What's New In DermatologyThe Dangers of Indoor Tanning
Dr. Halmi talks about the dangers of indoor tanning with Channel 10.
For Immediate Release
Submitted by the Arizona Dermatologic and Dermatologic Surgery Society
Arizona Moves Towards Protecting Minors from Indoor Tanning
Phoenix, Arizona - June 2, 2012. Scientific data showing the dangers of indoor tanning prompts the Arizona Medical Association to support banning minors from going to indoor tanning salons.
On June 2, 2012 the Arizona Medical Association (ArMA) passed a resolution that supports prohibiting minors from going to indoor tanning salons. Dr. Bill H Halmi, vice president of Arizona’s state Dermatology Society and Delegate to ArMA says that this resolution is important because of new scientific evidence that has accumulated over the past few years showing a direct link to indoor tanning and melanoma skin cancer. “The statistics are alarming,” states Halmi. “Anyone who indoor tans increases their risk of getting melanoma by 75%. The earlier you start and the more you indoor tan, the worse the risk. If you tan 10 or more times in young adulthood, your risk of getting a melanoma before age 30 increases by 600%.” This data has prompted a national legislative movement to restrict indoor tanning. In 2011 twenty one states introduced legislation to protect minors from indoor tanning.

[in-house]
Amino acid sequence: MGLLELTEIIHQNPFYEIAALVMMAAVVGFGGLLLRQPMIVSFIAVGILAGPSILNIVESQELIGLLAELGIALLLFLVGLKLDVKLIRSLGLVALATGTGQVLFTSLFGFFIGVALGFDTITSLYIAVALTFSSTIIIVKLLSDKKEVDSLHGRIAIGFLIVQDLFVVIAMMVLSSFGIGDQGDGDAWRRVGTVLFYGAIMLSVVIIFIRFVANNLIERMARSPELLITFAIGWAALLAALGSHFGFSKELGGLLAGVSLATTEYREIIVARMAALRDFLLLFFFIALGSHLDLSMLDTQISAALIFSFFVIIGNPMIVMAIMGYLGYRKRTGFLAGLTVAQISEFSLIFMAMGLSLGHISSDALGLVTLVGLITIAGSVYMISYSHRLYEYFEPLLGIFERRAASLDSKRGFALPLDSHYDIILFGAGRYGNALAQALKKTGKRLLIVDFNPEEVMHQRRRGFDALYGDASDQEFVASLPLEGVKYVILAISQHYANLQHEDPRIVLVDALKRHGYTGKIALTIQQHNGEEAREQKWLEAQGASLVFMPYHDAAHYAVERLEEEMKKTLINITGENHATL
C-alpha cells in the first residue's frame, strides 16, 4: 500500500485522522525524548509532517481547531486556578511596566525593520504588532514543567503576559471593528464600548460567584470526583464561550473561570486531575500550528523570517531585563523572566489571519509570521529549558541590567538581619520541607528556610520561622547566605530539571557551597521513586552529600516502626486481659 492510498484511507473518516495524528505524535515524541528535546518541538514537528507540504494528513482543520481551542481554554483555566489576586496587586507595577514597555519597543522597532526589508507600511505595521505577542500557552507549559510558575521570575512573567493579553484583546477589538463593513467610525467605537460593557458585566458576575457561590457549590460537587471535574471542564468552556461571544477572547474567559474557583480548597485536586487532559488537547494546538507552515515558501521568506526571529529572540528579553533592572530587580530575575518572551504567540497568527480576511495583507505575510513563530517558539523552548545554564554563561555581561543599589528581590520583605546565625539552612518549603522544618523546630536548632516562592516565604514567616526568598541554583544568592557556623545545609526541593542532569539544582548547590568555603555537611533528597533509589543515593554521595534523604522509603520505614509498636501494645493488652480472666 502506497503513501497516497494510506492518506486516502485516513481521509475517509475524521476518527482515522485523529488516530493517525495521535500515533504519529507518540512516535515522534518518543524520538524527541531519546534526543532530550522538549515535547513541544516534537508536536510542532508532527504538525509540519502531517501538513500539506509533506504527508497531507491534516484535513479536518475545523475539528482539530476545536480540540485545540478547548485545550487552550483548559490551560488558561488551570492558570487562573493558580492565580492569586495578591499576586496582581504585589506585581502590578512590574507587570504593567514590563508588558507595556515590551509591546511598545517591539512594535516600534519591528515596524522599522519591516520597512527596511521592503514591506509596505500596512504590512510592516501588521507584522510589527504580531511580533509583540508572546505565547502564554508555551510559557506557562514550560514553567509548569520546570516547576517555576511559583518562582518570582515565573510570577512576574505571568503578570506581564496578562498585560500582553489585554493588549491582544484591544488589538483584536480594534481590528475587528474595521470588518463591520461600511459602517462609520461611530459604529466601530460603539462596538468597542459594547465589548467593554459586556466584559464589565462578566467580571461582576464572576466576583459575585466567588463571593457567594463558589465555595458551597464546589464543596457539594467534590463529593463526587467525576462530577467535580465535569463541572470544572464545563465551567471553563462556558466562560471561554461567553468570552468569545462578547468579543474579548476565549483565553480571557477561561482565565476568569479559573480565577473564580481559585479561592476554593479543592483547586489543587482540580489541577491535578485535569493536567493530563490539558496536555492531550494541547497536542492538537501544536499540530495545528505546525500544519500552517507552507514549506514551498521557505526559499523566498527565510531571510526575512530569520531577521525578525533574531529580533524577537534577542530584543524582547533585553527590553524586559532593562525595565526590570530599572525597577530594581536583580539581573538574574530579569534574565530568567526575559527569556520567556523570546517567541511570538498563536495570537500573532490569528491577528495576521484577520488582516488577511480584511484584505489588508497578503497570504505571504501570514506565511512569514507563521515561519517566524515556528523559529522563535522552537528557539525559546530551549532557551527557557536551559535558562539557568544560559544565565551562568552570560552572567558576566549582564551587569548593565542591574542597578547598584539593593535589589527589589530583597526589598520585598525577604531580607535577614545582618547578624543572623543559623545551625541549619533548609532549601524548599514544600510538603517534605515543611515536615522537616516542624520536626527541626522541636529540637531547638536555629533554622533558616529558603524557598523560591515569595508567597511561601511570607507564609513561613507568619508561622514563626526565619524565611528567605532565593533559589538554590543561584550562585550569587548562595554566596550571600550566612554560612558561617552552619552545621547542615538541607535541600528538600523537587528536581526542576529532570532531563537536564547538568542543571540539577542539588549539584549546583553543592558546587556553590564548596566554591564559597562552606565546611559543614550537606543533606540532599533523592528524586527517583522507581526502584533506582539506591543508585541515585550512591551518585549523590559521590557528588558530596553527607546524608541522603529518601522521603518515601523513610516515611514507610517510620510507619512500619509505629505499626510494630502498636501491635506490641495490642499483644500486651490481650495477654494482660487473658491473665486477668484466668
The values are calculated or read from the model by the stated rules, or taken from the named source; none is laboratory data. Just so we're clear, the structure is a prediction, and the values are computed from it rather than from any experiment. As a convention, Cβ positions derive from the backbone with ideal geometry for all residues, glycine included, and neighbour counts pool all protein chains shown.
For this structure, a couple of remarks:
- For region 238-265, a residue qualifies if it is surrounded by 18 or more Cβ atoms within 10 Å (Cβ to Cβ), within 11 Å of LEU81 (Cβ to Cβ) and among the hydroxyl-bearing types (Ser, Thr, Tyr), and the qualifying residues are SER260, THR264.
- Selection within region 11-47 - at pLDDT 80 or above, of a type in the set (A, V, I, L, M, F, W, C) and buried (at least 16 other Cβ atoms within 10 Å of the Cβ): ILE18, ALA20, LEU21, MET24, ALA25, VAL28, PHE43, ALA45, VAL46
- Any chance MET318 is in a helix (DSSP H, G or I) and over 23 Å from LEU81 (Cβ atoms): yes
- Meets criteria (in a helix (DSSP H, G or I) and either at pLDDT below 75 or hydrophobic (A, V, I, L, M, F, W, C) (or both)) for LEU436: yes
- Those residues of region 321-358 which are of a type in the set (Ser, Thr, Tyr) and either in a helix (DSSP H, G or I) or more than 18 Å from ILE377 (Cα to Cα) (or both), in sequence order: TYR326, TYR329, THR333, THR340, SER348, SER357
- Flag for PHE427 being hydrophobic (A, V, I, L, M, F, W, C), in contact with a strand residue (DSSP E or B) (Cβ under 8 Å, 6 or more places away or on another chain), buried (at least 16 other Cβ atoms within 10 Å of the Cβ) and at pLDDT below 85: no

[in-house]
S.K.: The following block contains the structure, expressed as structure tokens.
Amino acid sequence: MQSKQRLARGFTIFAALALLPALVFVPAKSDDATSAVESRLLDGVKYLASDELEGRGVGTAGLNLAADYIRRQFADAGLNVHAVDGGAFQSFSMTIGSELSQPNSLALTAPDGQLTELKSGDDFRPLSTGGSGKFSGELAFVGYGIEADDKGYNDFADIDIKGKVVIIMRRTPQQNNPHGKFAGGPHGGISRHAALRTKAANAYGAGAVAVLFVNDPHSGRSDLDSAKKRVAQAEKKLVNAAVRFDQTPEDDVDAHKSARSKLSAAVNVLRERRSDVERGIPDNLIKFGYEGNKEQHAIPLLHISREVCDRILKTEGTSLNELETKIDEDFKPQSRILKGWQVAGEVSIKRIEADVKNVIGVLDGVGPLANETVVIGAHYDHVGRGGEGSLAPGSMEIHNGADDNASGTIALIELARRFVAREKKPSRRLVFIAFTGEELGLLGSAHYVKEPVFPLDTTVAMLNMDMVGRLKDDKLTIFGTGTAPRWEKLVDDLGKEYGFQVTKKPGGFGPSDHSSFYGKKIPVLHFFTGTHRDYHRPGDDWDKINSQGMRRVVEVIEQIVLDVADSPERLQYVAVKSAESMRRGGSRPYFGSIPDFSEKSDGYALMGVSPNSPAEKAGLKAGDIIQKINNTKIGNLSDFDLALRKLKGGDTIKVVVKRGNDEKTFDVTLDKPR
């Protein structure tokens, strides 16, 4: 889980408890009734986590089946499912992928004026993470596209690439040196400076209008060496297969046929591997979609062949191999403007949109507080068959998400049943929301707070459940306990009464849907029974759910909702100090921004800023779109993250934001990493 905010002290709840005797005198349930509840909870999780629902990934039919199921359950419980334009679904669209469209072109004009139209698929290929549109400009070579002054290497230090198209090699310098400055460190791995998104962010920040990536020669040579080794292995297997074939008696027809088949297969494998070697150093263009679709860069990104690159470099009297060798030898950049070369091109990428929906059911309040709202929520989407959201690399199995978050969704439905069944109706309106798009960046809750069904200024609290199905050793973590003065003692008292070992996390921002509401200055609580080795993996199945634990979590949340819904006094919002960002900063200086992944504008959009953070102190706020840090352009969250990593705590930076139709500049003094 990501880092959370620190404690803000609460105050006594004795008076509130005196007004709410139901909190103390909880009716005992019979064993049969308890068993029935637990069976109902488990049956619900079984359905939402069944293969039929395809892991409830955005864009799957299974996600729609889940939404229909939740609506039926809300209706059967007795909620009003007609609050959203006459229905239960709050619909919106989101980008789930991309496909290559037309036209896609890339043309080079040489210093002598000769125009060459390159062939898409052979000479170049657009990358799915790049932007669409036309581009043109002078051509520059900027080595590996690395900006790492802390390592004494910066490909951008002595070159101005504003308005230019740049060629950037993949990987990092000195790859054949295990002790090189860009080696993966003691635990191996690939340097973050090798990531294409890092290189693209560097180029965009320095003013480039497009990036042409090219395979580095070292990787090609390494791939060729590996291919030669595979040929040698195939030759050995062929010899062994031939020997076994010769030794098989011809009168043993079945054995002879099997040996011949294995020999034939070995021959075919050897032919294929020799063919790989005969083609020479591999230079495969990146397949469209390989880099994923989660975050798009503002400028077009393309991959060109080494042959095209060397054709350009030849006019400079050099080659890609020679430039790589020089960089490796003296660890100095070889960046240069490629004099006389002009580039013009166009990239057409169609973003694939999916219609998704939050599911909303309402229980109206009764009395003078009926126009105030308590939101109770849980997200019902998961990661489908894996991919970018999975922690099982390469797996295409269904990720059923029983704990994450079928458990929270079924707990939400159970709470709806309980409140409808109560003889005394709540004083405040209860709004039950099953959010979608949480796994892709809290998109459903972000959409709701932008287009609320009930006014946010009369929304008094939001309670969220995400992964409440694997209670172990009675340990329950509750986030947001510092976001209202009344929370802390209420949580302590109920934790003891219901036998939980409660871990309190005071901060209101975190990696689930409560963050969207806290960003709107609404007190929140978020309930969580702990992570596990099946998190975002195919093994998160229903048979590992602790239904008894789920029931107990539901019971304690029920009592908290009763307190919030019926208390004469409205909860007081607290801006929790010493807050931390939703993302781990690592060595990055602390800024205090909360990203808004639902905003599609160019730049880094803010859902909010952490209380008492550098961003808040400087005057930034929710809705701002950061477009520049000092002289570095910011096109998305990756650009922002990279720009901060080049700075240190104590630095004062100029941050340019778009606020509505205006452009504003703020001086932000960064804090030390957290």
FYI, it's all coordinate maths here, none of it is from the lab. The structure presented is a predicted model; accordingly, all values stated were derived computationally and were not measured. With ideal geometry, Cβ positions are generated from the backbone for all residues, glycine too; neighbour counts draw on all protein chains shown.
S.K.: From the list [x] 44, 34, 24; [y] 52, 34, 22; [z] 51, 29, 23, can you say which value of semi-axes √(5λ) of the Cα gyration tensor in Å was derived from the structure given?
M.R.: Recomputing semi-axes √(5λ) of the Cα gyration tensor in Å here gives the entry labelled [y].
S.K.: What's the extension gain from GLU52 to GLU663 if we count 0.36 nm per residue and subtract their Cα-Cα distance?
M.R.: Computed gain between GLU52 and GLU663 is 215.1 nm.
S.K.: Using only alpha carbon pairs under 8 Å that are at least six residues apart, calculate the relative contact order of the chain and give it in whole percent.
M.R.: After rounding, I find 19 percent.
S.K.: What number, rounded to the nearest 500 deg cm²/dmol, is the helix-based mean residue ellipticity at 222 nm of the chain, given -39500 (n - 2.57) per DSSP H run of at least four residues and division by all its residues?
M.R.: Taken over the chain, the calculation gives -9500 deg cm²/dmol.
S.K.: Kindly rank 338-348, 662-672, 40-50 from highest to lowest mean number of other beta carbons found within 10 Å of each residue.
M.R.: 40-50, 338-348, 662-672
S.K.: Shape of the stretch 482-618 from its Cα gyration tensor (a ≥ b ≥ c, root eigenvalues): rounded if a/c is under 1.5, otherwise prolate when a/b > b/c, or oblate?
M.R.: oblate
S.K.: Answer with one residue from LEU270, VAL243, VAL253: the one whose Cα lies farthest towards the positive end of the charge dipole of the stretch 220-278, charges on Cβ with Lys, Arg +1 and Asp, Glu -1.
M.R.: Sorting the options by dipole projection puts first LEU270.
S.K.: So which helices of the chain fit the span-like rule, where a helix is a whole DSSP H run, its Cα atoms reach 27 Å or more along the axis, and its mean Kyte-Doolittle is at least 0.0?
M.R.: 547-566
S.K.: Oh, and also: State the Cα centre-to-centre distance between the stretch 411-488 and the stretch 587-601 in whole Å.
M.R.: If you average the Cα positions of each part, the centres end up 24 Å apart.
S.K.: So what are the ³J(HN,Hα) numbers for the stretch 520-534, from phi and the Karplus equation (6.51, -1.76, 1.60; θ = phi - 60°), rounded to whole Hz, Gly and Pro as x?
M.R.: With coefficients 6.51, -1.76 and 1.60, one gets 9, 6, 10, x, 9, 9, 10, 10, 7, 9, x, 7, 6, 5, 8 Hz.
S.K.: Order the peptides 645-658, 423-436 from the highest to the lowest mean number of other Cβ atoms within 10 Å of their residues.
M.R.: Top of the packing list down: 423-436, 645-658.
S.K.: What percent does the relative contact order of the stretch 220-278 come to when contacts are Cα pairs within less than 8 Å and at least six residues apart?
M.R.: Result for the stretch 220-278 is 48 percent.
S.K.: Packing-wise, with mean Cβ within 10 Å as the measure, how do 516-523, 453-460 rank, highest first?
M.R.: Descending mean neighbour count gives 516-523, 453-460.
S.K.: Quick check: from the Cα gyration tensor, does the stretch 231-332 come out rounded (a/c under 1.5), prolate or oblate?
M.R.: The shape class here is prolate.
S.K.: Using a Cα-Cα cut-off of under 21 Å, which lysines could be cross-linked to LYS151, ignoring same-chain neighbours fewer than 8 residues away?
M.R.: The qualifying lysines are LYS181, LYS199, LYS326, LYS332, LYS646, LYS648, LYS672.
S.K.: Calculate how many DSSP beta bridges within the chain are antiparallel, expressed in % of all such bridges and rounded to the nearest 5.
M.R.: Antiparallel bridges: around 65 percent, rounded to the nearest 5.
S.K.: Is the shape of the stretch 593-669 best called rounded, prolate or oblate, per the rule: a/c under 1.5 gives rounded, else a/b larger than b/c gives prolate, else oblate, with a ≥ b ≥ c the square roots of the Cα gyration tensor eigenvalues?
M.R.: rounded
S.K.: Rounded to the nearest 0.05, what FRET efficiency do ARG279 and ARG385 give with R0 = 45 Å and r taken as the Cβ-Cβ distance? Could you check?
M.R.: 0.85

Skin cancer has reached epidemic proportions. This year there will be 3 million new cases of skin cancer diagnosed. Melanoma , the most lethal form of skin cancer, has increased 6 fold in the past 40 years. Young women are 7 times more likely than young men to get a melanoma. Interestingly, that increased rate mirrors the increase in indoor tanning that women do compared to men. Melanoma is now the most common form of cancer in young adults and the most common form of cancer death in young adult women. One person every hour will die from a melanoma in this country.
Halmi says the next step is to get Arizona legislation passed that would prohibit minors from indoor tanning. “We have a history in this country and in our state to protect our children. While we can’t stop someone from going outside and frying their skin, we can regulate an industry whose sole product dramatically increases the risk of developing a lethal skin cancer in our youth.”
The Arizona Dermatologic and Dermatologic Surgery Society represents the voice of Dermatologists in the State of Arizona.
Bill H Halmi, M.D.
740 E Highland Ave
Phoenix, AZ 85014
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